Ironically, given that the SPC is often referred to as the “benefit corporation light,” the SPC has more robust reporting requirements than the PBC – with annual reporting for the SPC (as opposed to biannual for the PBC), required reporting to the public as well as shareholders for the SPC (no public reporting for the PBC) and 8-K type reporting for the SPC if there are material changes in between annual reports (no reporting other than biannual for PBC).

Both the SPC and PBC have been designed for use by both small social enterprises and by larger public companies.  The first PBC (Laureate Education) filed an S-1 with the SEC to go public in October 2015 (but has yet to list its shares and start trading).  A second PBC will result from the closing of the $10.4 BN merger of Danone and WhiteWave Foods.

Finally, both the SPC and the PBC can garner support from liberals and conservatives as an “extra-governmental” solution to the current crises.  They can be vehicles for economic growth and job creation in addition to advancing social and environmental goals which are approved by the owner shareholders (as opposed to legislators) and can be in the best interests of the corporation’s long-term financial well-being.  When introduced in California, the SPC was the only bill that year that received 100% support from both Democrats and Republicans in the Senate.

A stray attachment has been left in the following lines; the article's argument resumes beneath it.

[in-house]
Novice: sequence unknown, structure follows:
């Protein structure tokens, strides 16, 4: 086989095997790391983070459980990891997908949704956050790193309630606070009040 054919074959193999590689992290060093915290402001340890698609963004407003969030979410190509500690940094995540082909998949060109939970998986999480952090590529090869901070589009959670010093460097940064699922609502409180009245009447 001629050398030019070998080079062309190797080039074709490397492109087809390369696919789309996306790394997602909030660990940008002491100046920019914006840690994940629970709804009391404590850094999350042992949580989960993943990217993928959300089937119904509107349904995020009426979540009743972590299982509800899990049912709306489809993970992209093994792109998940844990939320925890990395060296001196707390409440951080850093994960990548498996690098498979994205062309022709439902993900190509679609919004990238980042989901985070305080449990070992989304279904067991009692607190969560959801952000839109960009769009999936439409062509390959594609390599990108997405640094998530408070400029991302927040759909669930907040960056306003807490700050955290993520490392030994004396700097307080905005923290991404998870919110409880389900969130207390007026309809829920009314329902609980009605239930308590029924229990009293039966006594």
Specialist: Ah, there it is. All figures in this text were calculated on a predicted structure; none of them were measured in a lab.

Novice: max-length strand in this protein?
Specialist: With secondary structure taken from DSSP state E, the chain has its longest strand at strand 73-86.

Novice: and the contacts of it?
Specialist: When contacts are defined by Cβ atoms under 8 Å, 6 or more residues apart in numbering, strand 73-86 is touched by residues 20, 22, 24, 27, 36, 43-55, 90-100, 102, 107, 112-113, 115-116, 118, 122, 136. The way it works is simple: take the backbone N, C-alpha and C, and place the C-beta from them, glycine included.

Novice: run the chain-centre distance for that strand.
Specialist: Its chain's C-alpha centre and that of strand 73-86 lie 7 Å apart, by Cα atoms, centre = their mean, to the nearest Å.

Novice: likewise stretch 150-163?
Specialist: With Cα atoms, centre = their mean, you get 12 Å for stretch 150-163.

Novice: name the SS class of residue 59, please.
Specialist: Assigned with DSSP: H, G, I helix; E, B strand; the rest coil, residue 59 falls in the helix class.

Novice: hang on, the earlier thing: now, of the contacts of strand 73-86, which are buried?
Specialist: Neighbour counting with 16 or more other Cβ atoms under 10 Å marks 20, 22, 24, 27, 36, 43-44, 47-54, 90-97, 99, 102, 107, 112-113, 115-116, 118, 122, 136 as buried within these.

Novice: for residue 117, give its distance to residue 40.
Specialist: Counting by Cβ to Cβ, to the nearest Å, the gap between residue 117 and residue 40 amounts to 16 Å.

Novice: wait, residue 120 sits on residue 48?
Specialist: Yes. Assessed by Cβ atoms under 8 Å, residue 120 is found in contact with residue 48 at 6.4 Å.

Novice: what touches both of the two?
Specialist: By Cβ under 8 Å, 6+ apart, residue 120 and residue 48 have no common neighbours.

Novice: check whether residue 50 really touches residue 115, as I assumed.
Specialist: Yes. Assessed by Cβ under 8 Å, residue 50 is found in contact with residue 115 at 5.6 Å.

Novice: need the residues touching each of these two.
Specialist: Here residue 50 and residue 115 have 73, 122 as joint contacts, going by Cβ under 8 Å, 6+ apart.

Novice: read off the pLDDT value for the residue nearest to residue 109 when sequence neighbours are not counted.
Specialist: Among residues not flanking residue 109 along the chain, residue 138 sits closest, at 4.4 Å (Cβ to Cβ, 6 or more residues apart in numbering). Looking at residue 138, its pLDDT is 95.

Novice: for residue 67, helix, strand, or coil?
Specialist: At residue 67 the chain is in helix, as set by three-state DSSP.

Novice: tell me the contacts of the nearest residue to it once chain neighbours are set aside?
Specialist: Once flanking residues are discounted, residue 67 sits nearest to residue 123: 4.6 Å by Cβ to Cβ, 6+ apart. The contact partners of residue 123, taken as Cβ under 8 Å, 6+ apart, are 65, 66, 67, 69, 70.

c.  The Benefit Corporation.

The first benefit corporation was written into the Maryland statute in 2010.  Since that time, various versions of the benefit corporation legislation have been adopted by 30 states plus the District of Columbia (according to B Labs as of August 2016).  Note that many states use different names for the new form – including Benefit Corporation, Public Benefit Corporation (e.g. CO), Social Purpose Corporation (e.g. WA, FL) and Sustainable Business Corporation (e.g. HI).  Further confusing the issue is that, in some states, the benefit or public benefit corporation is a form of non-profit corporation while in others it is a form of for-profit corporation (and we are obviously discussing the latter in this article).